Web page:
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2. The Electromagnetic Spectrum

  • Page ID
    • Wendell Potter and David Webb et al.
    • UC Davis
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    Frequency of Electromagnetic Waves

    Our explanation for electromagnetic waves (an oscillating electric field creates an oscillating magnetic field, which in turn creates an oscillating electric field, and on and on...), suggests a way for creating electromagnetic waves. Taking charges (the source of electric fields) and oscillating them up and down should get the whole process started! The frequency with which charges oscillate up and down sets the frequency of the electromagnetic waves produced, like similar to how the frequency of the wave on a string is set by a person at the end of the string, oscillating it. For electromagnetic waves, like all the other waves we have dealt with, the frequency is determined by the source.

    Different Kinds of Light Occur at Different Frequencies

    This seems a little odd, however. Most of us have been zapped by a sweater we were wearing at some point in our lives, due to the build-up of charge on it. By swaying backwards and forwards we were making those charges oscillate, but we did not seem to suddenly create light! In Physics 7A we learned that atoms at temperatures higher than absolute zero oscillated, and these atoms are made up of electrons and protons yet most objects do not appear to glow in the dark. In fact, it seems if light is the oscillation of charge it should be very difficult to find darkness at all!

    In fact we do give off electromagnetic radiation as we sway back and forth, and objects in dark rooms do glow. The light created in these circumstances is not visible light. For visible light the charges have to be oscillating back-and-forth around 1014 times per second! For objects at room temperature (around 300K) the oscillating atoms give off electromagnetic light at roughly 1013 Hz. This light is called infrared, because its frequency is closest to red in visible light. While people cannot see this light, some animals can and we can make cameras that can detect this light. For example night-vision goggle operate by detecting infrared light. If we want an object to give off a significant amount of visible light, we must make its atoms vibrate faster. As we learned in 7A, one way to do this is to increase the temperature. A wood fire, for example, burns at around 1500 Kelvin. While most of the light is let off in the infrared, enough is let off in the visible that the flames can be seen. The night sky that we see is full of electromagnetic radiation with a frequency of \(3 \times 10^{11} \text{ Hz}\) which we cannot see directly. Just like infrared light, we have devices that can detect this light, and studying it gives us further insights into the origin of the universe.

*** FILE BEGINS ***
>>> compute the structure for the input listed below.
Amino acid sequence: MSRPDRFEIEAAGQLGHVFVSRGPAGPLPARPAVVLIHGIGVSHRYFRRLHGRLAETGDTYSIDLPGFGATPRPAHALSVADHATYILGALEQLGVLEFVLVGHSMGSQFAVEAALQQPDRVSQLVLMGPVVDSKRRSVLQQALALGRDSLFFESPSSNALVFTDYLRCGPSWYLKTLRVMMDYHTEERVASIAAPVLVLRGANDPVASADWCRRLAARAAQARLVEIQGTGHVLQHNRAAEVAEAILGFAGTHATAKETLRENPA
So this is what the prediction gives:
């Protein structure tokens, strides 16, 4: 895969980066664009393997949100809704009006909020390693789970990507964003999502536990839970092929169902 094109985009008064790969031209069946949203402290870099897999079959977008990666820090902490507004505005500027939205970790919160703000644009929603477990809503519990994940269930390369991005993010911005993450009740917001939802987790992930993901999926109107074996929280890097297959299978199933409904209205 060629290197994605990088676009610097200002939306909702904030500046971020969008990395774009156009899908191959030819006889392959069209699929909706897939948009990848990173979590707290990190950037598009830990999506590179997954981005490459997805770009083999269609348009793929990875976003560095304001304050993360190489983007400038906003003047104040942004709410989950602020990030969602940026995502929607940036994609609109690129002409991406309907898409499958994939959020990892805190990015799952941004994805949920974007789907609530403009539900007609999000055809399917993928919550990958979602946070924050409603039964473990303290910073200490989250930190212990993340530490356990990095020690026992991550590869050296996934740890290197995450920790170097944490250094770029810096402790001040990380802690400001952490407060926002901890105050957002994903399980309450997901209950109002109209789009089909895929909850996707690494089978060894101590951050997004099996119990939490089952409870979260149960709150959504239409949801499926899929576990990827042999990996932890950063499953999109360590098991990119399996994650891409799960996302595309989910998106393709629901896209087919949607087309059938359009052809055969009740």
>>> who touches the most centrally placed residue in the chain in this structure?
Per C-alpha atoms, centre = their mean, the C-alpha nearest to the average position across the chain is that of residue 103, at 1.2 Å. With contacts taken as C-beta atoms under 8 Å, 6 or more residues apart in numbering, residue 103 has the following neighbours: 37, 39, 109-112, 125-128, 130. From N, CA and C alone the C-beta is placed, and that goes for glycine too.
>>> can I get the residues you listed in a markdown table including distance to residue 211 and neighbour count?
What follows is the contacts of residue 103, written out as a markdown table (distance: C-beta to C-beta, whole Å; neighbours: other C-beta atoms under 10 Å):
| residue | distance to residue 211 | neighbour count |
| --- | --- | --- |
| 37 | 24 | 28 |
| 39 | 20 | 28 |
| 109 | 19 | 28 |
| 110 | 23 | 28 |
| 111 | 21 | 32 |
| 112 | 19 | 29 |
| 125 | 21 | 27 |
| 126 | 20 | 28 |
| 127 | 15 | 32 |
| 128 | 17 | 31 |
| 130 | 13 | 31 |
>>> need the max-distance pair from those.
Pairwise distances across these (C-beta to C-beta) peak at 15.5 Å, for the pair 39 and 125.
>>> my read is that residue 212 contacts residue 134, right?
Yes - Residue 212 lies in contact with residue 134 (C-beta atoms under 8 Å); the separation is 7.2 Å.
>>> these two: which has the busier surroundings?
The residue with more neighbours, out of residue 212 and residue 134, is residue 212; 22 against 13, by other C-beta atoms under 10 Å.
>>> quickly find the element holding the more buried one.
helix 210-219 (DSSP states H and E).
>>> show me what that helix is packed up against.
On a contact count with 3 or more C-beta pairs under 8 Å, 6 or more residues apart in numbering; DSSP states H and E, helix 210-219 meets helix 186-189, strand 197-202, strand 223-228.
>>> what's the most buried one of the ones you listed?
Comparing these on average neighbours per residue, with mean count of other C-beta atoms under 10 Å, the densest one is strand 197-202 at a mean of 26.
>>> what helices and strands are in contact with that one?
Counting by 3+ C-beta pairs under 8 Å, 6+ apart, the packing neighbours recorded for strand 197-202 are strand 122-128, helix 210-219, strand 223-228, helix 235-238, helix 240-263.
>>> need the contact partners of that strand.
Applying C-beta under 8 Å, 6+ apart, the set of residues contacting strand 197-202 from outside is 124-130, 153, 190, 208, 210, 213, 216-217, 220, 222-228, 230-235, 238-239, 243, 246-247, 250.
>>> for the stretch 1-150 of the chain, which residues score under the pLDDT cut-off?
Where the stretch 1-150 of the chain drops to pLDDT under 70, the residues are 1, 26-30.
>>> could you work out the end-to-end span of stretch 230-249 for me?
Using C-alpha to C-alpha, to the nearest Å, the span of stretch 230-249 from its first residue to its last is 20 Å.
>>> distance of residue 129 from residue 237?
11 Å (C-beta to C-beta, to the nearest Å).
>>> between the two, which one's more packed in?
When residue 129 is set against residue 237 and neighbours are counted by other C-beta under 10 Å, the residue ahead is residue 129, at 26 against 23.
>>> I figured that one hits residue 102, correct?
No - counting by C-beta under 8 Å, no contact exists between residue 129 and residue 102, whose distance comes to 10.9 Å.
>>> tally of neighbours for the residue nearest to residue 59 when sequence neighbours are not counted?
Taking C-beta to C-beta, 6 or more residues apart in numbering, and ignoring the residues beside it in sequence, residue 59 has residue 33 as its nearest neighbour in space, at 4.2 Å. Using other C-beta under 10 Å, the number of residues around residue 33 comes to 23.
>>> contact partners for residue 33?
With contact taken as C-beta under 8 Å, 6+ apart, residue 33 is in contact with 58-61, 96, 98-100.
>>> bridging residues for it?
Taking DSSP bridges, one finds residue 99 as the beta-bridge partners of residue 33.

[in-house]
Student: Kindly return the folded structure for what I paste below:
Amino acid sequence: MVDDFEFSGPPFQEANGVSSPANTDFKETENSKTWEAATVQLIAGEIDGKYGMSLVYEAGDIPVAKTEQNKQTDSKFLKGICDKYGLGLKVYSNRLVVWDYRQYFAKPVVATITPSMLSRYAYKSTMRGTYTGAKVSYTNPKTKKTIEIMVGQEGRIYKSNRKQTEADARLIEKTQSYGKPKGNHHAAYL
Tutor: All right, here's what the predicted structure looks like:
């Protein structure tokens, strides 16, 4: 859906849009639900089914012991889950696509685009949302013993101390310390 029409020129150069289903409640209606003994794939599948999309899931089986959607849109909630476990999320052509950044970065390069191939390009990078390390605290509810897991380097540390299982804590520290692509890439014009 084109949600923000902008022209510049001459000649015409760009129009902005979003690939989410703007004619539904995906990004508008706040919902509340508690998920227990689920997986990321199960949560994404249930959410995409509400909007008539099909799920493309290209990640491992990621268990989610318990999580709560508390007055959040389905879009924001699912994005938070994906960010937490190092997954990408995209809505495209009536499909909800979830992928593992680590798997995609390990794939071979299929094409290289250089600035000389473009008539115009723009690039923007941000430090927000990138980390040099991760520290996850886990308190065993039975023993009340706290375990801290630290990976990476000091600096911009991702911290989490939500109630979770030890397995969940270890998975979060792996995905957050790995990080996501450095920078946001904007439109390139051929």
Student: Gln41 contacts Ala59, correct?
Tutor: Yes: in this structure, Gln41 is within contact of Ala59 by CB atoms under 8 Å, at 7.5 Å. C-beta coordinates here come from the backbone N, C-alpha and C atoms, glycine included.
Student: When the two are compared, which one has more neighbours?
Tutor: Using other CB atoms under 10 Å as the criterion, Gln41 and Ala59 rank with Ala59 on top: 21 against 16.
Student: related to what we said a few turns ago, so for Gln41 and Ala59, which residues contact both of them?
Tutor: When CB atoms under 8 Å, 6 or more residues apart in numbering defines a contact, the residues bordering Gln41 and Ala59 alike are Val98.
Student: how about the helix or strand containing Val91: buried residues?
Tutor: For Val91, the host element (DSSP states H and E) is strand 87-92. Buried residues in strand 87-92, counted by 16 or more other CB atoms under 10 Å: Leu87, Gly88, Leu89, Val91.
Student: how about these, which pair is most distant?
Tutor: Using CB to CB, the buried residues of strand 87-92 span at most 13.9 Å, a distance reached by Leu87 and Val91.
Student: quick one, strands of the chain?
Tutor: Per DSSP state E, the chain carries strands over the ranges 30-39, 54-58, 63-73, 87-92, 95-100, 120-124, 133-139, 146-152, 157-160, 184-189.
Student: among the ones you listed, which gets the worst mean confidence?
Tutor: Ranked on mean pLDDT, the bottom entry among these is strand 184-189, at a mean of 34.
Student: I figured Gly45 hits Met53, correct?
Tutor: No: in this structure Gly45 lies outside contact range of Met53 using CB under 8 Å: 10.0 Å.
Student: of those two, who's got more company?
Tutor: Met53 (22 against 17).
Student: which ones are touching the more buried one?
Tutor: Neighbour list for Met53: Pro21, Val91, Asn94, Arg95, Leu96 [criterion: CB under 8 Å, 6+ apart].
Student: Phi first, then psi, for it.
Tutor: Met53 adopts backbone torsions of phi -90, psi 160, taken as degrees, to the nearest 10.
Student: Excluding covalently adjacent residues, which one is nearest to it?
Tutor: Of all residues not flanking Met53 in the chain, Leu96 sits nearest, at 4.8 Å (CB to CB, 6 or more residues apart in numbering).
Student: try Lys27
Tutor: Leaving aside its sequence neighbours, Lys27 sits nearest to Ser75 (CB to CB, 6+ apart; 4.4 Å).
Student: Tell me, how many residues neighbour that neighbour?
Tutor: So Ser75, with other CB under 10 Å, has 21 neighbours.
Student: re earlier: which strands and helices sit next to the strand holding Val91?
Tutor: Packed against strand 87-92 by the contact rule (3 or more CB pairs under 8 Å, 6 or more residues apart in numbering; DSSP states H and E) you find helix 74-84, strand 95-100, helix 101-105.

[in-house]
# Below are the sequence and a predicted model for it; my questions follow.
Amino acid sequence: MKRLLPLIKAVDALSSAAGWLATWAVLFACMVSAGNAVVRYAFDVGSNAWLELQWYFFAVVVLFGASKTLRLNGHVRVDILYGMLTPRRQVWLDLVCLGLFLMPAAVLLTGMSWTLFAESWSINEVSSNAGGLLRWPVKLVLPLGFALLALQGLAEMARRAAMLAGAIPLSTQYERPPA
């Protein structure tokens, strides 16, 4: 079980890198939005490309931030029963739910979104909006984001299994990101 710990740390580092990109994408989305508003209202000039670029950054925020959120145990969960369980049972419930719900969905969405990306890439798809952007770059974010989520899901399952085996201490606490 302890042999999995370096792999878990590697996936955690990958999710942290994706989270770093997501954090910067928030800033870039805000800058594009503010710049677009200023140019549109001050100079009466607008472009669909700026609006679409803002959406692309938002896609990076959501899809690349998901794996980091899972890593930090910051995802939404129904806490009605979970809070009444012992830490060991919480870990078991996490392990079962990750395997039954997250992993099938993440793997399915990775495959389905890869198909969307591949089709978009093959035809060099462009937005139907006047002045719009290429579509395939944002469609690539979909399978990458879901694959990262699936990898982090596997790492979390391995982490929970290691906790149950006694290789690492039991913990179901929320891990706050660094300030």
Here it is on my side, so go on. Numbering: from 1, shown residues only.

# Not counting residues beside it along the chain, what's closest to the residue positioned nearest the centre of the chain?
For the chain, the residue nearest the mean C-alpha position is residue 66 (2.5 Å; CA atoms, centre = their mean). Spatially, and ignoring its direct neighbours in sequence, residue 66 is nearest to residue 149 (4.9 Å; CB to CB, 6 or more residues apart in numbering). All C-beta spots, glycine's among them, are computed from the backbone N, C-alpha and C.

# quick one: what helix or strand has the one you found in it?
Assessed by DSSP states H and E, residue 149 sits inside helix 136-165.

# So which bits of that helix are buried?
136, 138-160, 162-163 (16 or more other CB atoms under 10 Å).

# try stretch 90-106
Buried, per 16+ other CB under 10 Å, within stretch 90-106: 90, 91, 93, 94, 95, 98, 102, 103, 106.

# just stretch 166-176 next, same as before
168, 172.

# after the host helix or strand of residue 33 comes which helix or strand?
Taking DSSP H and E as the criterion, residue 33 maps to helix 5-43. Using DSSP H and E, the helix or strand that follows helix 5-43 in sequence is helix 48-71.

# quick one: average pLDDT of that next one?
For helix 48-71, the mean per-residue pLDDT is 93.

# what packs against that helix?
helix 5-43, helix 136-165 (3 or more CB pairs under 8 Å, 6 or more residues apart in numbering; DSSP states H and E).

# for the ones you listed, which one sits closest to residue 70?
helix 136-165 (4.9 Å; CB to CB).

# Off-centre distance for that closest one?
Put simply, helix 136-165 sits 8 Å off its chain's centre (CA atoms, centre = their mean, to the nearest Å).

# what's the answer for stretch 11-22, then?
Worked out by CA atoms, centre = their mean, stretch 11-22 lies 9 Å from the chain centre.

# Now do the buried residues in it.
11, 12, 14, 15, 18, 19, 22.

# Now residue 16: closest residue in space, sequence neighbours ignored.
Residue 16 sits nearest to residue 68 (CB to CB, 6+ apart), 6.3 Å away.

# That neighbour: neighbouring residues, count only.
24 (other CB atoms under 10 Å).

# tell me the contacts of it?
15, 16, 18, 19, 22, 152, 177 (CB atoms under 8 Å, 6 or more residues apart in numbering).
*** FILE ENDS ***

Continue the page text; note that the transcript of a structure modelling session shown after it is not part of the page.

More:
Low-Frequency, Long-Wavelength Light

    Different frequencies of electromagnetic waves can be used for very different purposes. At the lowest frequencies, or at the longest wavelengths (because \(\lambda = v_{wave}/f\)), we have radio waves. This is a broad range of frequencies lower than roughly \(10^9 \text{ Hz}\). Most of our television and radio programs are broadcast at this frequency. At higher frequencies, there are microwaves, which are used in RADAR and microwave ovens. Above \(10^{11} \text{ Hz}\) we have the infrared, which is the light given off most strongly by objects in the temperature between 3 K and 5000 K. The “narrow” range between \(4 \times 10^{14} \text{ Hz}\) and \(7.5 \times 10^{14} \text{ Hz}\) corresponds the spectrum of visible light. In this range, different frequencies correspond to different colors of light that we can see.

    High-Frequency, Short-Wavelength Light

    At even higher frequencies we find ultraviolet light (UV). This region covers frequencies from \(8.6 \times 10^{14}\) to \(3.75 \times 10^{16} \text{ Hz}\) and is further broken down into the categories UVA, UVB, UVC, Far UV, and Extreme UV. UV light can be damaging to the skin (UV light given off by the sun is the cause of sunburns). The risk of damage increases with the frequency of the UV light. The sun emits radiation in the UVA, UVB, and UVC sub-bands, however almost all of the UVB and UVC radiation from the sun is absorbed in the Earth’s ozone layer in the upper atmosphere.